Many parents of children with autism feel that an allergy to gluten -- protein in wheat, barley and rye -- and casein, protein in milk, may be one piece of the puzzle that explains the neurobehavioral symptoms associated with the disorder. Eliminating these foods from the diet, referred to as gluten-free, casein-free, or GFCF, diet reportedly improves autistic symptoms, although clinical studies have not proven a connection. If you're considering the GFCF diet, it's important to be aware of the potential side effects, including effects on bone health, iron deficiency and constipation. Consult your doctor or dietitian before making diet changes.
The GFCF diet aims to eliminate all foods that contain gluten and casein. For gluten, that means no bread, cereal, cracker and pasta products made with wheat, barley or rye flour. Hot dogs, deli meat, sausage, chips, french fries, soups, candy, soy sauce and other packaged goods may also contain gluten. For casein, you need to omit milk, cheese, yogurt and any other food products that may contain milk such as baked goods and chocolate. To meet nutritional needs on a GFCF diet, it's important to include healthy alternatives to the eliminated foods.
One of the potential side effects of the GFCF diet is its effect on bone health. Milk and milk products are the primary source of calcium in the American diet, according to the Office of Dietary Supplements. Calcium is an essential nutrient for bone health, and poor intake may affect bone strength. Eliminating milk from the diet increases risk of deficiency. Calcium needs range from 700 milligrams to 1,300 milligrams for children and teens, and 1,000 milligrams to 1,200 milligrams for adults. Including nonmilk sources of calcium such as fortified orange juice or soy milk, calcium-set tofu, canned salmon with bones, or kale is necessary to meet needs and support bone health on a GFCF diet.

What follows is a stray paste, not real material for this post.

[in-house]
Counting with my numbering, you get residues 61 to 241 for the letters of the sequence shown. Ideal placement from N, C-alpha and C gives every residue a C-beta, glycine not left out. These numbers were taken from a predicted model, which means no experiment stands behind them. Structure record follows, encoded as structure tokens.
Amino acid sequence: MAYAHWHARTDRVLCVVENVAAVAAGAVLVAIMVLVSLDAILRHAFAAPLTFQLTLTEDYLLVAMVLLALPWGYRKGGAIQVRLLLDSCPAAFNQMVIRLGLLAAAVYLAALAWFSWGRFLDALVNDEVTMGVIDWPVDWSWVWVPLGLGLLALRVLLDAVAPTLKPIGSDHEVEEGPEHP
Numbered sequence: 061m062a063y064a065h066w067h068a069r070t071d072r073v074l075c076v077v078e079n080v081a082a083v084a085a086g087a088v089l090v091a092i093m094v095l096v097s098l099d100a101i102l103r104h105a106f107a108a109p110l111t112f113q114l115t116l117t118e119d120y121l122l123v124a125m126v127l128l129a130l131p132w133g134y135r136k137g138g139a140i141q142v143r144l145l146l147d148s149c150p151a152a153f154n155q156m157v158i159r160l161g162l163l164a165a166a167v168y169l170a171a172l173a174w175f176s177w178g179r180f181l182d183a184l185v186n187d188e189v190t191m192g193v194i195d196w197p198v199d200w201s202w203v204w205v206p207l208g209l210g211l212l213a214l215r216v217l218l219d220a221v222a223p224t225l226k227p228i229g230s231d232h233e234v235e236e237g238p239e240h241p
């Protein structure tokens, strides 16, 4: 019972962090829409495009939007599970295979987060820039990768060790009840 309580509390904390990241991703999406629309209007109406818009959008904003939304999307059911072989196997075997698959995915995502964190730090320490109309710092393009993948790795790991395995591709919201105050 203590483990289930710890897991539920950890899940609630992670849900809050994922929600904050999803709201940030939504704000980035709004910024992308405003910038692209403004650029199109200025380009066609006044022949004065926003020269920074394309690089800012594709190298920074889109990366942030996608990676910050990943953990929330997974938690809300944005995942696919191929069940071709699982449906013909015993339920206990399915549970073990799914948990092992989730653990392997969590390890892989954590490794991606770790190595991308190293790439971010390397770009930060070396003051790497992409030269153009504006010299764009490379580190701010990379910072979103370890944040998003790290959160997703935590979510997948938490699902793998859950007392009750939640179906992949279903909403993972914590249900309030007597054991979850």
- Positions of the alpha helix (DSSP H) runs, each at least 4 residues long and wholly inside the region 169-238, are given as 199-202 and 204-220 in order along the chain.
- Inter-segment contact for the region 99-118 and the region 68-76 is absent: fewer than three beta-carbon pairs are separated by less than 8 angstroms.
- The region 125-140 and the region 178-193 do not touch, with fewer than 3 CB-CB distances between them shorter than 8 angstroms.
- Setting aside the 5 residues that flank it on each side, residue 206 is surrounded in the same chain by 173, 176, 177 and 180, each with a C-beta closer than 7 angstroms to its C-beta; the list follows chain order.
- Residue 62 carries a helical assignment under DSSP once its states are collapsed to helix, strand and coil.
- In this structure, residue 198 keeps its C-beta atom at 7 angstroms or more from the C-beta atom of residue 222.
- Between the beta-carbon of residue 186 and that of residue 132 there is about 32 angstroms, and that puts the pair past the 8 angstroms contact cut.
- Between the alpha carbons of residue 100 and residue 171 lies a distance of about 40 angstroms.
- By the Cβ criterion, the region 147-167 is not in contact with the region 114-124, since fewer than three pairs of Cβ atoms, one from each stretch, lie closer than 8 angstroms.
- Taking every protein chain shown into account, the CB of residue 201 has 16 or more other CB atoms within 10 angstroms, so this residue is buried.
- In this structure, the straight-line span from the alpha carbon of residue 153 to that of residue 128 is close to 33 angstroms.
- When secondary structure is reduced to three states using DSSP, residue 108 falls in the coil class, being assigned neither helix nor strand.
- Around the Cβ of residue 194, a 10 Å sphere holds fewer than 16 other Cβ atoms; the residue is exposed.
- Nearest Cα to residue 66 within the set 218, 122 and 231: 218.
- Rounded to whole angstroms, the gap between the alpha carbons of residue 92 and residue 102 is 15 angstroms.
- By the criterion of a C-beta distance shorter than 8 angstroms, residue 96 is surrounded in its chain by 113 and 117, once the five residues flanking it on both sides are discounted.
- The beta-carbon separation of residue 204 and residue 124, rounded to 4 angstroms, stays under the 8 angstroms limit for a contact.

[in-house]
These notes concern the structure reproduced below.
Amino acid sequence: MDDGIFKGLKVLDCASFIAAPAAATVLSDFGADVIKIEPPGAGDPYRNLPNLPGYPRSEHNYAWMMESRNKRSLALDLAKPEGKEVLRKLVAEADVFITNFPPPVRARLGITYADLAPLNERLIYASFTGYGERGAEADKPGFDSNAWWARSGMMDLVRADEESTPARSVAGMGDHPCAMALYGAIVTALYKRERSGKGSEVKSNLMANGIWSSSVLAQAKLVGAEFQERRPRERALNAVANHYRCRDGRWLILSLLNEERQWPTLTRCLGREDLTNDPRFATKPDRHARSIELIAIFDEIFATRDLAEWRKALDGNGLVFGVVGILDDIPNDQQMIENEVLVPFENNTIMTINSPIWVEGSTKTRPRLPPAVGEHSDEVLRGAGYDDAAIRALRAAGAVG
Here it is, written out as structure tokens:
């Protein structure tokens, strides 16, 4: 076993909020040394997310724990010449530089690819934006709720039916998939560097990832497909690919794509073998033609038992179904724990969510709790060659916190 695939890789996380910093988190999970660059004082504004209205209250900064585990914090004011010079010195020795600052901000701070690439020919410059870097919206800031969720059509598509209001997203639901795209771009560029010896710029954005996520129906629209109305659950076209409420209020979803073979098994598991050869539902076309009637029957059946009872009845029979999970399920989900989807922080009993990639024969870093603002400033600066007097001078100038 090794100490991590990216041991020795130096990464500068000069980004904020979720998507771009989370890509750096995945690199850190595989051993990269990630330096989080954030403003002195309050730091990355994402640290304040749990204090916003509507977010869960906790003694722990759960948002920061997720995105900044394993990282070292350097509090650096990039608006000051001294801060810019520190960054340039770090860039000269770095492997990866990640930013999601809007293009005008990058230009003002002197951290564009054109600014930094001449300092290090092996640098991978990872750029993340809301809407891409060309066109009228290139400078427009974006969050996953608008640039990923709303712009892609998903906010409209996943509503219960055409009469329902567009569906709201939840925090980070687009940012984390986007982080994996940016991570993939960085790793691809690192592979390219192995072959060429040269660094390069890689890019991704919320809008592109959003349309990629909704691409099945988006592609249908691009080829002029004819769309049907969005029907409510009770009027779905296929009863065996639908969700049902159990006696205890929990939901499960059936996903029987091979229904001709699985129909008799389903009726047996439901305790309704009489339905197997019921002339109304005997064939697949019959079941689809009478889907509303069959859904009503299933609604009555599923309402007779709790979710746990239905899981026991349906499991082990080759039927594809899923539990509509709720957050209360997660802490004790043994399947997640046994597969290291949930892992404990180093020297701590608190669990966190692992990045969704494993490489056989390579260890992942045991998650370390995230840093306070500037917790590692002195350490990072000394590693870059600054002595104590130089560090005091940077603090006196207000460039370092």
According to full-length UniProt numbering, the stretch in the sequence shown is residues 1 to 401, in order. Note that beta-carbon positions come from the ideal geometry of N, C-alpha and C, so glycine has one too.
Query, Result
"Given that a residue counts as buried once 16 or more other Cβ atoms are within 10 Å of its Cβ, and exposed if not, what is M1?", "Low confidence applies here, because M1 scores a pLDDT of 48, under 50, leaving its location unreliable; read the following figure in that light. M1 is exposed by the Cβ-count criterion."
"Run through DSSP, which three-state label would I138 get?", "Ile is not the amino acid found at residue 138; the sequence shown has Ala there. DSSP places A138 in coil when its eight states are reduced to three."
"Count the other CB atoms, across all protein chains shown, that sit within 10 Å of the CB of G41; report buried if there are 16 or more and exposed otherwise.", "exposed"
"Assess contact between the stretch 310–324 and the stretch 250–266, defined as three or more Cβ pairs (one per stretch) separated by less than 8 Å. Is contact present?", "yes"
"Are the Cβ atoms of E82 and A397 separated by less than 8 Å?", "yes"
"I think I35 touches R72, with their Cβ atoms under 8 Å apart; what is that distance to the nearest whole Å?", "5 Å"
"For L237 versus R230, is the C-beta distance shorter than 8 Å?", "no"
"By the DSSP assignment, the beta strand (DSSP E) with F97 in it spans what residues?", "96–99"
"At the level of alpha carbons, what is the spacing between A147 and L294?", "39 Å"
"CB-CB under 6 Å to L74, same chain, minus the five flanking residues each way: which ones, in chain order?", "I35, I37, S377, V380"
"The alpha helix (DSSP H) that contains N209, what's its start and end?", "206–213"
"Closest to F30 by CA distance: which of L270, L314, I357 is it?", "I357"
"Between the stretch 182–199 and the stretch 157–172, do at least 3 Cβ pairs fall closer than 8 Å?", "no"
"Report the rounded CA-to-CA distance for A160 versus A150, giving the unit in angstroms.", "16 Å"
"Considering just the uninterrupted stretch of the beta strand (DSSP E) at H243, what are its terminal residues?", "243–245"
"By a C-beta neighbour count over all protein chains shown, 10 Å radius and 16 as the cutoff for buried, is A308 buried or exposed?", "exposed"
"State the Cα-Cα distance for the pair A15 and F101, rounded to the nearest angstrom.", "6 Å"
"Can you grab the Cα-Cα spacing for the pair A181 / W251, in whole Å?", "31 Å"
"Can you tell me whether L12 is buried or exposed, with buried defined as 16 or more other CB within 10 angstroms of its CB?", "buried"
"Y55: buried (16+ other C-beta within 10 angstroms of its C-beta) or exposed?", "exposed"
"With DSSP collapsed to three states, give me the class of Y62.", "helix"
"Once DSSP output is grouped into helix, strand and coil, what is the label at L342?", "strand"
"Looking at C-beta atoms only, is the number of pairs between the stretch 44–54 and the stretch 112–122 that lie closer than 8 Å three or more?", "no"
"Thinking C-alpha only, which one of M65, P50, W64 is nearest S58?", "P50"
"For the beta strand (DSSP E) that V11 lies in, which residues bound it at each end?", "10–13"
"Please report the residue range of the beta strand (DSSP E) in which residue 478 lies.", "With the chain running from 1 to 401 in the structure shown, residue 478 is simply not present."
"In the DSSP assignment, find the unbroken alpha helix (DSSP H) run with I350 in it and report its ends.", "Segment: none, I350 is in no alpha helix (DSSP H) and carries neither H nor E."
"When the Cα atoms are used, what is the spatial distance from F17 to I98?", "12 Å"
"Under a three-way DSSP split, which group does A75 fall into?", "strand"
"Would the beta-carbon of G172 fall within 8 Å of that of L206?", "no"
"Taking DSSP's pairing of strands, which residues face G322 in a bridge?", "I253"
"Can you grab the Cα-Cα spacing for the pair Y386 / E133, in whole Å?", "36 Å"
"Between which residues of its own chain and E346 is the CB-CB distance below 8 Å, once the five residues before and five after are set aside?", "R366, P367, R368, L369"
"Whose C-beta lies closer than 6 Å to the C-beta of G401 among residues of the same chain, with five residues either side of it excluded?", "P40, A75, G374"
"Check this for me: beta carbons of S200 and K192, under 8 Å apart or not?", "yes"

Wheat, barley and rye are sources of iron, and removing these grains and foods made with them from the diet increases risk of iron deficiency. Iron is necessary for the formation of hemoglobin, which is the protein in your red blood cells that carries oxygen throughout your body. Iron deficiency affects cognition and immune health; in children, it may affect learning. For children and teens, iron needs range from 7 milligrams to 15 milligrams a day, and adults needs 8 milligrams to 18 milligrams. Women of childbearing age -- 19 years to 50 years -- need the higher amounts. It's important to include alternative sources of iron on the GFCF diet such as meat, poultry, beans and broccoli to prevent deficiency.
Following the GFCF diet increases risk of constipation. Grains are an important source of fiber, which adds bulk to stool and helps normalize bowel function. Fiber in wheat, specifically the bran in wheat, is more effective at relieving constipation than the fiber in fruits and vegetables, according to the Harvard School of Public Health. You need 14 grams of fiber for every 1,000 calories consumed. In addition to fruits and vegetables, beans and gluten-free grains such as brown rice and quinoa can help you meet your daily fiber needs to improve or prevent constipation.
- HealthyChildren.org: Gluten-Free, Casein-Free Diet
- Academy of Nutrition and Dietetics: Autism Spectrum Disorders and Diet
- National Institute of Diabetes and Digestive and Kidney Disorders: Celiac Disease
- Food Allergy Research and Education: Milk Allergy
- Office of Dietary Supplements: Calcium
- Office of Dietary Supplements: Iron
- Academy of Nutrition and Dietetics: Fiber
- Harvard School of Public Health: Fiber: Start Roughing It!
- American Heart Association: Fiber and Children's Diets